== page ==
"burning hearts" as written by Michael Giacalone, Darren Amadio, Andrea Vaughn, Gilbert Abad and Todd Karasik....
We met first in cafes, and later in ruins. My best friend and I are saying goodbye to Hiroshima. We walked down the tarmac, again grey on grey. My sweetheart and I are saying goodbye in Hiroshima. Chorus: I was an architect, she was an actress. I drew the Eiffel Tower upon her dress. So we could see the world... The flash burnt our shadows right into the wall. But my best friend and I will leave them behind in Hiroshima. I will keep her secrets, I will change my name. My sweetheart and I are saying goodbye to Hiroshima (Repeat Chorus) The songs we sung and then forgot, The hearts that would burn and the hearts that would not. And the saint in tower, died for her sins not ours. All of this snow just made us glow in the dark. La La La La. From the boy in the bubble, to a whore in the rubble. All of this snow just made us glow in the dark. La La La La. All of this snow just made us glow in the dark.


Lyrics submitted by PLANES

"Burning Hearts" as written by Darren Amadio Andrea Vaughn

Lyrics © Royalty Network Music Publishing Ltd.

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burning hearts song meanings
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    General Comment"From the boy in the bubble to a whore in the rubble..." This is one of my favorite MF songs. The video with the random shots of live footage of this song is pretty sweet, too - gotta love Andrea Vaughn on the melodica.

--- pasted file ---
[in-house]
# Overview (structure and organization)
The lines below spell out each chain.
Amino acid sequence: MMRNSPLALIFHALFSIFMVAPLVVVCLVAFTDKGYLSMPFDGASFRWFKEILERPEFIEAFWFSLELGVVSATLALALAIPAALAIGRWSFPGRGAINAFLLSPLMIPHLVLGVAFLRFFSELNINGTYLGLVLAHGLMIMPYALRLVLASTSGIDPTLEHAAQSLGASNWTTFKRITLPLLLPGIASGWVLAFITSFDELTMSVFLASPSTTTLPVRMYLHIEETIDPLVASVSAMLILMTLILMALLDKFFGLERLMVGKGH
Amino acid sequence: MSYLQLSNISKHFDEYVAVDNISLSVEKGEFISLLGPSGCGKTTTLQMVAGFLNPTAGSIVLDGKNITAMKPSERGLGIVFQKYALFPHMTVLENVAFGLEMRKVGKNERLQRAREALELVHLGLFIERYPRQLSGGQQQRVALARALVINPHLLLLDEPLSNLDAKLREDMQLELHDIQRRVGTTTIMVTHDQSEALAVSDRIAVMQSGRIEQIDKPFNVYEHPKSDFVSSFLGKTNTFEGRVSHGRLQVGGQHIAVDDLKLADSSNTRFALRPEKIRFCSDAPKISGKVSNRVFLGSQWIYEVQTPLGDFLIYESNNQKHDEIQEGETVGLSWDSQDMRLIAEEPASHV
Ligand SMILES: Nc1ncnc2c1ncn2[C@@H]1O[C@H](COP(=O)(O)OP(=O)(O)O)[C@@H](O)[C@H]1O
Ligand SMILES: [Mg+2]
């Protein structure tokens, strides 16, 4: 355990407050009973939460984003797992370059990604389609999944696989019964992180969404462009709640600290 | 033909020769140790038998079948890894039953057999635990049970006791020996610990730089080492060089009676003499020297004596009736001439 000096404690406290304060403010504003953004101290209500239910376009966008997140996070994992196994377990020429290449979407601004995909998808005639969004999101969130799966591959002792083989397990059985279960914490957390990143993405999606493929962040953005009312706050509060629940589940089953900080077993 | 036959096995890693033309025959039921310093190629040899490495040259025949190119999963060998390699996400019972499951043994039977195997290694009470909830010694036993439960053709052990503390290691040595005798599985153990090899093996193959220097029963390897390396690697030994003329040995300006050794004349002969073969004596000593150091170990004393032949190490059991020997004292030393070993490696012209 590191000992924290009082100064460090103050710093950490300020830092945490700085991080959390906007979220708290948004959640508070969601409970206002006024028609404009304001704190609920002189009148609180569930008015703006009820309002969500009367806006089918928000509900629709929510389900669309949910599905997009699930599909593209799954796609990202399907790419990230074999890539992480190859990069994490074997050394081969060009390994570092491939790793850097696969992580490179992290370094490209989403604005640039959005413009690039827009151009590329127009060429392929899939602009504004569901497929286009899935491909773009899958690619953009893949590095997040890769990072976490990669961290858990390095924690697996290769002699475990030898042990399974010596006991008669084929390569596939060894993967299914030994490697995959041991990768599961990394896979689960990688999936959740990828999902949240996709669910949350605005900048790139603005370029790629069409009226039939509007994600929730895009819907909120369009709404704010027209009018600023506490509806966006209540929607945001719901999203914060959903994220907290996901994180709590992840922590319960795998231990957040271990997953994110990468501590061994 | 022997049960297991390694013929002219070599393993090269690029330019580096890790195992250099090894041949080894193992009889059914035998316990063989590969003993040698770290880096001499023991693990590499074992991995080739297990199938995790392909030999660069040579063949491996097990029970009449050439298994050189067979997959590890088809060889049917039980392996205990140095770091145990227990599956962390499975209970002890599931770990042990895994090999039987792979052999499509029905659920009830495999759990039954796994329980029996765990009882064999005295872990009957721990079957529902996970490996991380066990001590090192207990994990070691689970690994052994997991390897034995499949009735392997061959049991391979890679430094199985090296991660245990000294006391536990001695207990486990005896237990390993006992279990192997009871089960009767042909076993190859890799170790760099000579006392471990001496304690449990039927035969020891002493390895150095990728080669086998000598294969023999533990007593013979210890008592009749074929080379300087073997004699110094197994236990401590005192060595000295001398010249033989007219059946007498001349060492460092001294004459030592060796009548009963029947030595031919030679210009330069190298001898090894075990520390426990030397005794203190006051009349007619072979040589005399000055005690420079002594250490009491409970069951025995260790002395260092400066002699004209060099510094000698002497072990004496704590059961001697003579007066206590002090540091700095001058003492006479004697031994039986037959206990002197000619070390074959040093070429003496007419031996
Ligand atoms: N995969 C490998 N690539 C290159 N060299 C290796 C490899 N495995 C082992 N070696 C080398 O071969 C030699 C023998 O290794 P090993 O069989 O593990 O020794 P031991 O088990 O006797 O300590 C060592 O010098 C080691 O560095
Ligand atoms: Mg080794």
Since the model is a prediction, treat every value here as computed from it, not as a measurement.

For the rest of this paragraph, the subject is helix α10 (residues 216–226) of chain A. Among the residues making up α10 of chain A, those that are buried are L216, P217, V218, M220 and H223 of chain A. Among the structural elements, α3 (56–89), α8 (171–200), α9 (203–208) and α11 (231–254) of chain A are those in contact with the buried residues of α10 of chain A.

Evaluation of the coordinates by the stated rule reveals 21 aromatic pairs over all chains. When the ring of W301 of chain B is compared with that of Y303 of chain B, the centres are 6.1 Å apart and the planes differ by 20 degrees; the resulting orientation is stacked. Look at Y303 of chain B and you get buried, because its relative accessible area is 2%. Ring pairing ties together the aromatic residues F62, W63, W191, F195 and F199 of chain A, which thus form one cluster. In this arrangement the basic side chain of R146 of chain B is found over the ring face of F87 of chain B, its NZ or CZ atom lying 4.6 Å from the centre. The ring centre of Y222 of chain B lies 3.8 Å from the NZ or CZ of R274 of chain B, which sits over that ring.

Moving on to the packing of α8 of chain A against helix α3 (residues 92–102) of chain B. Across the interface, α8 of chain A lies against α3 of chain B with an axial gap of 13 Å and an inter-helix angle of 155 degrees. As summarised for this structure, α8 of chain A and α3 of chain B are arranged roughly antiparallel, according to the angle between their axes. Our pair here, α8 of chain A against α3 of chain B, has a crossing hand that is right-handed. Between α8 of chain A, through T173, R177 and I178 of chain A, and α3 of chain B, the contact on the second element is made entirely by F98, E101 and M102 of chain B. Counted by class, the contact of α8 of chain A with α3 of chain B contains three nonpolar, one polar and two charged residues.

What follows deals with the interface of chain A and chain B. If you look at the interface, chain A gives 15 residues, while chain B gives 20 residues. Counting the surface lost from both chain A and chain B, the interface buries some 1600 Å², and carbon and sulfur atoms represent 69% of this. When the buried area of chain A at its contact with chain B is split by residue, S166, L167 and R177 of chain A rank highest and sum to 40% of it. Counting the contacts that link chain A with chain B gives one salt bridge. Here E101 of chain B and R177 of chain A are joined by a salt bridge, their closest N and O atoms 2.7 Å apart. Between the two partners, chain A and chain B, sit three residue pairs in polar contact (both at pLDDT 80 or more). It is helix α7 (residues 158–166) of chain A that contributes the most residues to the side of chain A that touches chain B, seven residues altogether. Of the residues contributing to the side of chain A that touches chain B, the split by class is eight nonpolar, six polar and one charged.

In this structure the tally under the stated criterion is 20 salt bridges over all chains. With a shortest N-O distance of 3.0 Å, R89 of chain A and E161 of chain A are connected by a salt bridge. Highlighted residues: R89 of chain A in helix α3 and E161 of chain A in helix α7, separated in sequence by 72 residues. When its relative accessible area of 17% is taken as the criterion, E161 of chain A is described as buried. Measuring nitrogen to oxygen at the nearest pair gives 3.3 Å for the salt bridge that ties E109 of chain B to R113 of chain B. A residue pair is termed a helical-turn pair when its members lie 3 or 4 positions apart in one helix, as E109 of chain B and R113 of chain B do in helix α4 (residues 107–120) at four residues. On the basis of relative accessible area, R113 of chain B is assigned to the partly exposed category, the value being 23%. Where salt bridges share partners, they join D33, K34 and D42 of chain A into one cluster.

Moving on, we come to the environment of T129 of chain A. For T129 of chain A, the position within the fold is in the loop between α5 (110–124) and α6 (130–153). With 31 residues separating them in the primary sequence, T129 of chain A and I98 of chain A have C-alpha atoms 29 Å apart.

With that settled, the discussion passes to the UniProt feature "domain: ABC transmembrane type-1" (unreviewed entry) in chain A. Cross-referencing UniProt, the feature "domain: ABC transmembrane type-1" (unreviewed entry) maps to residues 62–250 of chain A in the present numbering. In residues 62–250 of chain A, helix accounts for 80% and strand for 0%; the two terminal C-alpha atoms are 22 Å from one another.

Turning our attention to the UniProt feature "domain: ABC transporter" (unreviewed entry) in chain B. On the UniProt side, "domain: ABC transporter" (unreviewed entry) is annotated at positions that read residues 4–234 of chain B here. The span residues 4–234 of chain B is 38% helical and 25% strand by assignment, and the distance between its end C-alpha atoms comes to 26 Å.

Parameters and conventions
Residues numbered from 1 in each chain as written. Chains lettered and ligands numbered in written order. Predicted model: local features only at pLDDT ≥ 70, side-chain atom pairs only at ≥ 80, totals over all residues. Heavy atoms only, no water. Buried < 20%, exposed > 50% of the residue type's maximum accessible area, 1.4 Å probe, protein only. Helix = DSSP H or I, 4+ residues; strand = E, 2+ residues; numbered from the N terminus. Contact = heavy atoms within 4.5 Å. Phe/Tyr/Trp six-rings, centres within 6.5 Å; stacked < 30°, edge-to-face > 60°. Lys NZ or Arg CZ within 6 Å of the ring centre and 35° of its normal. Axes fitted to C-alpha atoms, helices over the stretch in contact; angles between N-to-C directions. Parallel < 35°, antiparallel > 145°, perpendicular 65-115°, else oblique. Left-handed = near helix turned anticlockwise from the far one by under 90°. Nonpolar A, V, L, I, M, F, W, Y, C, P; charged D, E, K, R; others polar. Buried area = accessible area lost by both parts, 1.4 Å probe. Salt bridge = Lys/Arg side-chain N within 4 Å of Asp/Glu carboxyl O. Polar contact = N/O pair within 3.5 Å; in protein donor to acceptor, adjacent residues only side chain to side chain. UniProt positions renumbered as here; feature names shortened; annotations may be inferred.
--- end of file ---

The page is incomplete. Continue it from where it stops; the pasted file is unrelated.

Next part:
wornout_lineson January 23, 2007   Link
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    General CommentA lot of the imagery here can be read as literally about the atomic bombing of Hiroshima (there's more to the city, but Americans tend to refer to it exclusively for that). The shadows of people burned into the wall by the bomb's flash are one of the most enduring symbols of the devastation of nuclear war. snow that makes us glow may be a reference to fallout.

    If we instead read hiroshima as a metaphor, the song is perhaps about leaving behind something that's brutal, ruined, or just depressing. The images deal with death, but the character's actions aren't about dying, or about haunting the rubble. They're about getting the hell out.

    "The saint in the tower / died for her sins, not ours" is a tremendously liberating line. We're not bound here out of guilt. No one else is suffering on our behalf. We'll deal with our consequences, and they'll deal with theirs, and if we want to say goodbye to Hiroshima and go to Paris, no one can stop us.
    inhumandecencyon February 02, 2007   Link

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